Anthony Ruff offered a recent post on “Teaching Liturgy to Undergrads.” In it, he mentions that his institution (College of St. Benedict / St. John’s University) requires undergraduates to take an introductory or foundation course in theology and then a second course of their choosing. The same is true at my institution, Villanova University. I share here on my approach to the foundational course because I will be incorporating this approach into my own liturgy courses.
At the end of a recent fall term in which I taught two sections of Villanova’s foundation course, “Faith, Culture, and Reason,” I asked my students two questions. First, I asked them to raise their hands if, before the fall term had started, they had heard of the Inquisition. I advised them that it was not a matter of knowing details of exactly when or under whose order who did what to whom. It was simply a question of whether they had heard of the Inquisition. In each section, twenty-two out of twenty-five hands went up. I told them to put their hands down. Next, I asked them: “Think back to the start of this term. By a show of hands, how many of you thought on the first day of class that this course would discourage if not prohibit the asking of questions?” In each section, twenty-two out of twenty-five hands went up.
88% of students came to the course with some awareness that the Catholic Church had used at least some form of violence in an attempt to squelch dissent. 88% of students had the sense that in at least some form, the instructor (me) would not tolerate questions. Clearly, the data suggest that the course starts significantly behind the proverbial eight ball. I have no reason to suspect that this finding is particularly unusual in first-time undergraduate theology courses. In this connection, it is worth quoting from Going, Going, Gone, a 2017 study of the disaffiliation of young Catholics. Conducted by Saint Mary’s Press, the study found:
The median age for when formerly Catholic teens and young adults left the faith is 13. Nearly four in ten (39 percent) report leaving between ages 13 and 17. Only 5 percent say they left before age 5 and 18 percent between ages 5 and 10. About a quarter (24 percent) left between ages 10 and 12. Eleven percent left in the first few years of adulthood, between ages 18 and 20. Only 3 percent left from ages 21 to 25. (Going, Going, Gone [Winona, MN: Saint Mary’s Press, 2017], 42)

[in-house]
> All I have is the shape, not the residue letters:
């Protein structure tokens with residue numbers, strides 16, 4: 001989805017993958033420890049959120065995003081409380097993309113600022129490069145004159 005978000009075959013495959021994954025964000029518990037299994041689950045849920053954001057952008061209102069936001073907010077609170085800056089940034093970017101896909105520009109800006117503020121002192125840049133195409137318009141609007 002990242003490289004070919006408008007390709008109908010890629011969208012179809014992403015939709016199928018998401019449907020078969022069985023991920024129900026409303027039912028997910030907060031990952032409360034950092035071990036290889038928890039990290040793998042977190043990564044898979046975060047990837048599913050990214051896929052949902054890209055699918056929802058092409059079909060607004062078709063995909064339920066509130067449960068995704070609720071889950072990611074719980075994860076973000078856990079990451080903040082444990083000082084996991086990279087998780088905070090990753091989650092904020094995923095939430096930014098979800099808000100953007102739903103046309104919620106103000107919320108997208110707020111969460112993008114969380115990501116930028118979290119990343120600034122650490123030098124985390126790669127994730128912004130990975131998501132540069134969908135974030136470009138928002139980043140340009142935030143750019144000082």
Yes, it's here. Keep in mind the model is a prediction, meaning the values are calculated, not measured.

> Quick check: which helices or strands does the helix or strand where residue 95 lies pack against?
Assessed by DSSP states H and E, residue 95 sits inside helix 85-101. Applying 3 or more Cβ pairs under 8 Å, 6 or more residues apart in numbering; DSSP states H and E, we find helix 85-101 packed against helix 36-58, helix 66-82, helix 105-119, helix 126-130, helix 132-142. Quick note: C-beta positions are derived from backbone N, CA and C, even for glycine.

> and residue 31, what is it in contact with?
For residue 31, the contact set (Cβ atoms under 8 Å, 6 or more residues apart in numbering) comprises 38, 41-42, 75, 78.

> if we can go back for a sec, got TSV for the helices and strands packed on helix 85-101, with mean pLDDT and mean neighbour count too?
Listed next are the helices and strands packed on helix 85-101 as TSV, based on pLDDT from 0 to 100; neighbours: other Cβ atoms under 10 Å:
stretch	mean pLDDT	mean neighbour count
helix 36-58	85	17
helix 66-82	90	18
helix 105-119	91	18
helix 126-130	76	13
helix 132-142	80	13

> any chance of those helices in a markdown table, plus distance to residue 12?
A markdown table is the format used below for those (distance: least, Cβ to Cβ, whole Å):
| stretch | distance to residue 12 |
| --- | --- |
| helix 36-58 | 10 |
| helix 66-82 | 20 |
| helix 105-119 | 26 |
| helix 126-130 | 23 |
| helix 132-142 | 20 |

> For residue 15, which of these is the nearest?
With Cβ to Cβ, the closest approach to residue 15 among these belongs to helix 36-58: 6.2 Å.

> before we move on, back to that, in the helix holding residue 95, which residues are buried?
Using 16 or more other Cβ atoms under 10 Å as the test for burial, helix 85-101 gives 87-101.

I wonder whether / how the suppression of questions by catechists / grade school teachers / high school teachers plays into both the views expressed by my students and into the rate of disaffiliation—disaffiliation which in the vast majority of cases has already played out *before* students enter college classrooms.
In any case, I think it is important to talk with undergraduates about pedagogy, about how instructor and students together will approach the tasks of teaching and learning. To that end, I have begun using David Smith and Susan Felch, Teaching and Christian Imagination (Grand Rapids, MI: Eerdmans, 2017). Though this book was written primarily for instructors of college courses and not for students in those courses, I have assigned portions of it to my students. Together, we have read about and discussed the ways in which taking a college course is like (and unlike) setting out on a journey. How is our course like setting out on a pilgrimage? Do we journey together or as juxtaposed individuals? Do we seek to reach our destination as unchanged persons or do we hope to have learned something, at least about ourselves? Along the way, what does it mean to choose a path? What does it mean to follow a path that many others have already trod? In what ways do we view ourselves as setting down a path for others to follow? Do we see ourselves becoming guides of any kind for others? What did it mean for ancient Israelites to set out on *annual* pilgrimages to Jerusalem? In what ways do college courses sometimes revisit material covered in other courses but with an invitation to consider that material afresh?
I am using this text for the first time this semester so I do not have full results yet. For one thing, I myself am still learning how to engage and apply the book to the course and with my students. However, I think that inviting students to think about their *education* and not just about course content (e.g., there is an Old Testament and a New Testament, eschatology is not ecclesiology, and so forth) changes class dynamics for the better. Indeed, how one thinks about theological education *is* a matter of content, as well: it is an application of principles such as full, active, and conscious participation (Sacrosanctum concilium, 14) and “good understanding” (Sacrosanctum concilium, 48) and it encourages thinking along the lines of Lumen gentium, 9, according to which humans are saved as a people and not merely as individuals.
I look forward to seeing how these ideas will inform my next undergraduate liturgy class . . . which I probably won’t be teaching until fall of 2020, given my other commitments. If you are a teacher or catechist, how do you invite students to ponder the nature of theological learning?